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  1. #1
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    Default Italian wheel

    English wheels get all the love---that needs to change--starting now

    the little known, unheralded Italian wheel completes the leather making process

    hides from Hermes, Gucci, Horween are all enhanced following a session with the Wheel---



    Cilindro a gomma - Macchina per conceria: - YouTube
    Attached Thumbnails Attached Thumbnails 0.jpg   097.jpg   453.jpg  

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    The tanning process has a whole slew of machines and routines that many leather workers never get involved with. All to take a goo'y animal skin and turn it into a super-dense slab of hard rawhide, then beat it up until it's the soft supple leather everyone loves.

    That roller has a ridiculous surface finish. One scratch and your employment status is history.

    The most we've ever done in that side of the leather industry has building a "boarding machine." It had two rubber roller that turned the same direction so you would put a hide of stiff leather folded in half between them and they would roll it over itself to soften it up. Small machine though with 4" wide rolls and a 1 HP motor. Nothing as large as the OP's.

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    Studying different tanning processes I especially remember plant tanning. Firstly, because the result is a hypoallergenic product, and secondly, this insole absorbs moisture released by the feet faster and more hygienic. In addition, the skin of plant tanning can be treated with oils and waxes in order to give it moisture resistance.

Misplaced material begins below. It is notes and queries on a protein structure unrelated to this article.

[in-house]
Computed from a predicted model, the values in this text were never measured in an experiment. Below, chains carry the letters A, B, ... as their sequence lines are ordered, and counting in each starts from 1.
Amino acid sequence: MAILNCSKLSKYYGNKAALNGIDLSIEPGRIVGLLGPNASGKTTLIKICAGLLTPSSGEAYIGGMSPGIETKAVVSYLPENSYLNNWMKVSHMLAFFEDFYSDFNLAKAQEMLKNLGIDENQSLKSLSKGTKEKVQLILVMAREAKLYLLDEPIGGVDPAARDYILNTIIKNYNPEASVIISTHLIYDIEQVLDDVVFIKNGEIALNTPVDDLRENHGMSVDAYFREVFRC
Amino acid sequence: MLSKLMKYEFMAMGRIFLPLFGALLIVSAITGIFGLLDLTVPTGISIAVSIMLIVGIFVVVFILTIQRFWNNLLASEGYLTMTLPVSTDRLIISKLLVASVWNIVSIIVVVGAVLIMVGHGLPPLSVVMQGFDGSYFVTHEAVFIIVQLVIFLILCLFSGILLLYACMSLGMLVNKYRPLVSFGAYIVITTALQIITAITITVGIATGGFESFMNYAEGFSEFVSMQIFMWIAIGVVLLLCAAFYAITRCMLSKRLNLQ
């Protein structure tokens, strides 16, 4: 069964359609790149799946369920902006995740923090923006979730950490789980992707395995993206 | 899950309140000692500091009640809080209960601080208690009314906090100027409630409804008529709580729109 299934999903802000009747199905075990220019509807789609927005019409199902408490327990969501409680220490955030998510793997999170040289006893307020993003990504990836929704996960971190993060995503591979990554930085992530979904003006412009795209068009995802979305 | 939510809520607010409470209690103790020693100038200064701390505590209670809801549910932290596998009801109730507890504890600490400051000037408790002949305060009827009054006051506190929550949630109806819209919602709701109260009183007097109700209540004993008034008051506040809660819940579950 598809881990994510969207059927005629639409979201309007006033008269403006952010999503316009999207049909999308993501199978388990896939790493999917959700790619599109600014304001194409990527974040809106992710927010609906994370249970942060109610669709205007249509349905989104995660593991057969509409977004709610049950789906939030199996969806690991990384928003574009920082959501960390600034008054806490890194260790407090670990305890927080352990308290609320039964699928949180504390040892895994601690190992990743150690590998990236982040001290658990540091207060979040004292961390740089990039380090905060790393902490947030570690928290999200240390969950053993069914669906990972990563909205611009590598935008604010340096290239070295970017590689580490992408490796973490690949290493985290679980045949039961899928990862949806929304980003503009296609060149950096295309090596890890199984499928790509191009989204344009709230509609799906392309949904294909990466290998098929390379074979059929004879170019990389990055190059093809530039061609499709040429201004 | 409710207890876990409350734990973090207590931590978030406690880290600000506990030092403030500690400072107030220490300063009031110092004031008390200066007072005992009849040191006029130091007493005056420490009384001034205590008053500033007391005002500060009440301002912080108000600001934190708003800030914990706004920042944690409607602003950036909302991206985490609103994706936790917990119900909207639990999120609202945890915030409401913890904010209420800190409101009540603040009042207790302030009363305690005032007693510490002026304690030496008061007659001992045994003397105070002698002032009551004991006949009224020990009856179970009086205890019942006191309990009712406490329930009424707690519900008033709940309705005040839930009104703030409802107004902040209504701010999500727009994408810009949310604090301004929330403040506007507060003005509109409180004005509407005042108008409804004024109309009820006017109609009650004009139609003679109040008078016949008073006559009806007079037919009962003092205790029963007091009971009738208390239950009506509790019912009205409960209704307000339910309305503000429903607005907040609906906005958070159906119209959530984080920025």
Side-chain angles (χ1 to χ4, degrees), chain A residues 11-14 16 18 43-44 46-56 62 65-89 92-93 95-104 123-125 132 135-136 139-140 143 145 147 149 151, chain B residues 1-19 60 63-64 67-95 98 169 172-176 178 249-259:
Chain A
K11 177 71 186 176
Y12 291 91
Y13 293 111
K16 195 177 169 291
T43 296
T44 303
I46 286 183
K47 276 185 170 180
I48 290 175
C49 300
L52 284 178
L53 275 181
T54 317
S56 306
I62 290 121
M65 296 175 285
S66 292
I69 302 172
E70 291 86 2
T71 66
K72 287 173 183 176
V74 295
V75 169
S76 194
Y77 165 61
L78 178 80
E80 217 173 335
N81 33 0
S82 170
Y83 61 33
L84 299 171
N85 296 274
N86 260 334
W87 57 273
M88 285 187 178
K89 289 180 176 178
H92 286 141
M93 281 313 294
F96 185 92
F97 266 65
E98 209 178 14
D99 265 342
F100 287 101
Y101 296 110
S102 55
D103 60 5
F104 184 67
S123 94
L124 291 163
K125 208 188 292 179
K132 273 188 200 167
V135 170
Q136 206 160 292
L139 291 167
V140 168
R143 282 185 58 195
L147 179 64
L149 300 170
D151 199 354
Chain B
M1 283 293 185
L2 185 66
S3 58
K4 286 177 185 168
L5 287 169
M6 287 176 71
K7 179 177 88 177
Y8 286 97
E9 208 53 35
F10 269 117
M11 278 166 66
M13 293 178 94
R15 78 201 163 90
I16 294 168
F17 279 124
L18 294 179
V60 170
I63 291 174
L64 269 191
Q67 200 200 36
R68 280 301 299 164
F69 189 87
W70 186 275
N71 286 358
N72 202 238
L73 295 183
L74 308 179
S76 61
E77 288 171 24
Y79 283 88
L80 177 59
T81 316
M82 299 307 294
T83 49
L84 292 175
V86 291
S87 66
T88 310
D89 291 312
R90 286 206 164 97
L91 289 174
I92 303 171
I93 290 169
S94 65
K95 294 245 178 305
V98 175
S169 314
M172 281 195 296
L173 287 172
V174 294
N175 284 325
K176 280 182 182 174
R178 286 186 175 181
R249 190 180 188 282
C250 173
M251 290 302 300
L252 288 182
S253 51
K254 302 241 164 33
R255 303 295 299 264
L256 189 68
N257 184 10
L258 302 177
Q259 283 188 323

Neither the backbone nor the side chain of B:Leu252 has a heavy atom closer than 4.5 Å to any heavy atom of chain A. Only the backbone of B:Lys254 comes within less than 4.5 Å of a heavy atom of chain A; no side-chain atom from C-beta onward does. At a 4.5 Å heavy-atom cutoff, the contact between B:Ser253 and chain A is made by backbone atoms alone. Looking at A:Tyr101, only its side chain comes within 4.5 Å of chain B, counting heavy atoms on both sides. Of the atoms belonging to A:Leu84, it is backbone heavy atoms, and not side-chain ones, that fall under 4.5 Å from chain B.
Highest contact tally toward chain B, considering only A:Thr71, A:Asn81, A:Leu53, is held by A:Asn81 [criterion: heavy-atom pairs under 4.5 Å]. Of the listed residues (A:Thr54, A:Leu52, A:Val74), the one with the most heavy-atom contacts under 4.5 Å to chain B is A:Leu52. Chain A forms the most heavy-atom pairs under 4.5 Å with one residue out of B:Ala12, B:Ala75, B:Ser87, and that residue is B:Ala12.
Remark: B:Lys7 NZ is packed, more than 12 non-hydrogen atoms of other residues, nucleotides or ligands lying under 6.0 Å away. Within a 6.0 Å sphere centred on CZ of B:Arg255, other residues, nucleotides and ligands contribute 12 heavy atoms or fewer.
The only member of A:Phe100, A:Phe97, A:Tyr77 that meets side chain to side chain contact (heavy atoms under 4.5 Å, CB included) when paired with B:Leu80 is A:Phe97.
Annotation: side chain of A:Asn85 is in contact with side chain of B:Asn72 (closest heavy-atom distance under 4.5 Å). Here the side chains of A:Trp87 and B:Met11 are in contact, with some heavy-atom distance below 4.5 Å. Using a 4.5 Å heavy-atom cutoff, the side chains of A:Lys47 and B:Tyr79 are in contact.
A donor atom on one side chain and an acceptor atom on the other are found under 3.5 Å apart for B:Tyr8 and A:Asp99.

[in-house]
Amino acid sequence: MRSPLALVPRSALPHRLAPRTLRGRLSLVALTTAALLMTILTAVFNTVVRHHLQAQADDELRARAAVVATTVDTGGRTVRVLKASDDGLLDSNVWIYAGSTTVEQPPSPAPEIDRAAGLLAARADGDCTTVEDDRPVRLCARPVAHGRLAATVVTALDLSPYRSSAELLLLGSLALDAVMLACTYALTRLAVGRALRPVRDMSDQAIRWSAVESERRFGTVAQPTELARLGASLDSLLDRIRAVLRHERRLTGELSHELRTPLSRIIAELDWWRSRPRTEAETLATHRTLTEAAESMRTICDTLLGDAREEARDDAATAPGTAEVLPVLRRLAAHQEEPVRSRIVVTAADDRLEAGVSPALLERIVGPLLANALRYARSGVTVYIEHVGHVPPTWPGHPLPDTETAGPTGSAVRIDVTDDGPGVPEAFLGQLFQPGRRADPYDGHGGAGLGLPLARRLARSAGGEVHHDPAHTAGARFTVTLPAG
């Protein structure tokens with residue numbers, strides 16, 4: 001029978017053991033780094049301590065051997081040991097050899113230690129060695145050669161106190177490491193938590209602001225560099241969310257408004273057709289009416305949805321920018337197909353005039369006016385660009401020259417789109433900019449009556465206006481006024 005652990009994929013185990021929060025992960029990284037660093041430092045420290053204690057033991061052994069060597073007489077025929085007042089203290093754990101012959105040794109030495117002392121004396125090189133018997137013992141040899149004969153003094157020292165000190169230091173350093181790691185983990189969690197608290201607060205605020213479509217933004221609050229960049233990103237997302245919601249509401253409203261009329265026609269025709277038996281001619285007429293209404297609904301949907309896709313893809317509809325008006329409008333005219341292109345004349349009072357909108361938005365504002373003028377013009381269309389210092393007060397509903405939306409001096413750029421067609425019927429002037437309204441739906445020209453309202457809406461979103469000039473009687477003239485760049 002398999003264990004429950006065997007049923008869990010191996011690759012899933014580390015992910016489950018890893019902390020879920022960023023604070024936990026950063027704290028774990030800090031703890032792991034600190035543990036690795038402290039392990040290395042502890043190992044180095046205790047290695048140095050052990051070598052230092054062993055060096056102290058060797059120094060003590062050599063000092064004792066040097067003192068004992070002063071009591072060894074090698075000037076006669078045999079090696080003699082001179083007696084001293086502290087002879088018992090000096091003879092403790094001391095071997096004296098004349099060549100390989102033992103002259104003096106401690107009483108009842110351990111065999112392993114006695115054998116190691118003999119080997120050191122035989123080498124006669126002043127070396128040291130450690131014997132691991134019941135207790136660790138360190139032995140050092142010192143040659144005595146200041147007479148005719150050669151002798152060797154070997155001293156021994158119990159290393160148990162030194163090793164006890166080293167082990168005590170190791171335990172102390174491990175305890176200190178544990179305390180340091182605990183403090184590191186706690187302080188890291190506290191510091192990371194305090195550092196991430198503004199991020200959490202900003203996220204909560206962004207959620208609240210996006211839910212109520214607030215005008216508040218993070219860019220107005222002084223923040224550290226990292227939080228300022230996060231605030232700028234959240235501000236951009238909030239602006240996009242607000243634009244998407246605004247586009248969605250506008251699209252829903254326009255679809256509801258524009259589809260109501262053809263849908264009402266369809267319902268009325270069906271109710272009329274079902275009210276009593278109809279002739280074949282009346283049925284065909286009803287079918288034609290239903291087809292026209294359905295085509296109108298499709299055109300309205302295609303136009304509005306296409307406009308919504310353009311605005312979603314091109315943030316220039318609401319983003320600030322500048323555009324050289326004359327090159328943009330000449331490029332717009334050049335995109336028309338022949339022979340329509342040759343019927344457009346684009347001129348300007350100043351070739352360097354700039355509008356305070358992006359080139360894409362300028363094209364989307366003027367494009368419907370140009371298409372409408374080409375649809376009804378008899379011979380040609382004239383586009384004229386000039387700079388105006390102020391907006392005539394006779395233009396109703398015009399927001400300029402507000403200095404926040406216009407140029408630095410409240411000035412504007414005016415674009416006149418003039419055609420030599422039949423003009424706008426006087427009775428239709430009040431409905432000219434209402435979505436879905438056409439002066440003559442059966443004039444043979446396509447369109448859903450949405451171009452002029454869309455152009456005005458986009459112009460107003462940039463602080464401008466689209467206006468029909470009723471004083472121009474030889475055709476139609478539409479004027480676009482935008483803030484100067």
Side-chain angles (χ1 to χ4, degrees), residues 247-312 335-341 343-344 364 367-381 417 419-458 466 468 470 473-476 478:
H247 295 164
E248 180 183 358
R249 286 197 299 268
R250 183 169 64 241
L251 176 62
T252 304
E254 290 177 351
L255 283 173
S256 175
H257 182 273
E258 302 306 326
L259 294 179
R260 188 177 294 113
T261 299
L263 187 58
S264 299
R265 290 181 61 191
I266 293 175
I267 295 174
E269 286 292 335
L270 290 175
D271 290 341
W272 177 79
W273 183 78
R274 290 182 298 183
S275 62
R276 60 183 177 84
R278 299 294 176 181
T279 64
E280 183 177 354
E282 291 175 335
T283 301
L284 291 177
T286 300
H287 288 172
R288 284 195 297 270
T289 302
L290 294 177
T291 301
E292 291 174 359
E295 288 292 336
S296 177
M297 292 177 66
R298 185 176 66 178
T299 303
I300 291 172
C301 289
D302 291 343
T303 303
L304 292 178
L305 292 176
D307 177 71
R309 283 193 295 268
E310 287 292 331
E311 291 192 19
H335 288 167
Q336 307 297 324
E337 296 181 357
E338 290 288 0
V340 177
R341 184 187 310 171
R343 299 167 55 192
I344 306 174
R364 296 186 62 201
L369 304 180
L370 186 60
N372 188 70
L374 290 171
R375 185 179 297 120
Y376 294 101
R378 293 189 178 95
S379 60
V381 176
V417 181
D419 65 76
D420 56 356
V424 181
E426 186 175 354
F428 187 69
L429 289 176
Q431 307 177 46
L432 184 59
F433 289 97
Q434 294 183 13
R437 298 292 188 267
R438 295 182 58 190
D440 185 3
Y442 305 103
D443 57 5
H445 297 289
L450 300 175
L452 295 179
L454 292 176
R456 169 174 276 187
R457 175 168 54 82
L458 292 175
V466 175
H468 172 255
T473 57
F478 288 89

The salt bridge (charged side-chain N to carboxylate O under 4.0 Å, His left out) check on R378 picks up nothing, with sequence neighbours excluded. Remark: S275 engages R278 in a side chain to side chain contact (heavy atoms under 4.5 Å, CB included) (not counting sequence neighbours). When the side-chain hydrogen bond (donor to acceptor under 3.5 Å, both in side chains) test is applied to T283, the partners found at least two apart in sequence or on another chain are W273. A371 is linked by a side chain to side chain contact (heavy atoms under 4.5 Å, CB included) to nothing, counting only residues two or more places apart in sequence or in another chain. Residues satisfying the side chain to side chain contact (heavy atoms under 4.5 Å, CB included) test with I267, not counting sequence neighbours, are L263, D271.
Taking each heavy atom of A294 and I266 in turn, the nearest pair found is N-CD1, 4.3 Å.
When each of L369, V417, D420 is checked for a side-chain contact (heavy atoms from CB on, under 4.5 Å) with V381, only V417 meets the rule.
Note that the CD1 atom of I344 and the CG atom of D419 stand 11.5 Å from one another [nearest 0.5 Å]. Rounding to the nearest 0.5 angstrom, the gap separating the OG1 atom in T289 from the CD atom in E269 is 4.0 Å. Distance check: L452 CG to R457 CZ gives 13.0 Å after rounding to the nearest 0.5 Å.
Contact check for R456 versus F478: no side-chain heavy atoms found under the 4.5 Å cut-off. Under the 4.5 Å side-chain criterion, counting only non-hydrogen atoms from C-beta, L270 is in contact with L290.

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    I forgot to add that usually at the end of the tanning process, the skin is thoroughly washed and dried and then subjected to final treatment with special oils and fatty impregnations, which are natural preservatives for any natural skin. This is how the vegetable tanned leather ends up on the shelves of stores and in the hands of tanning masters.

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    Not sure if Ben's trying to sell us something (down, DD! Down boy!), but I'll mention that the old-fashioned tanning methods left a lot to be desired. And a lot (of pollution) to be undesired!

    A town in Massachusetts that I used to work in, Woburn, was "famous" for contamination of the land and waters due to tanneries that were located there in the 1800's and later. Leather Tanning in Woburn

    There were several class actions lawsuits over harm to area children and property values, one court case even inspired a "based on fact" movie: A Civil Action (film) - Wikipedia

    So I'm very glad there are much safer alternatives for producing consumer-grade leather. Now we just have to make plant-based cows and pigs so we can start with their hides...

    [Yes, through some tortured logic one could claim that cows and pigs ARE plant based. It's why I justify loving bacon.]


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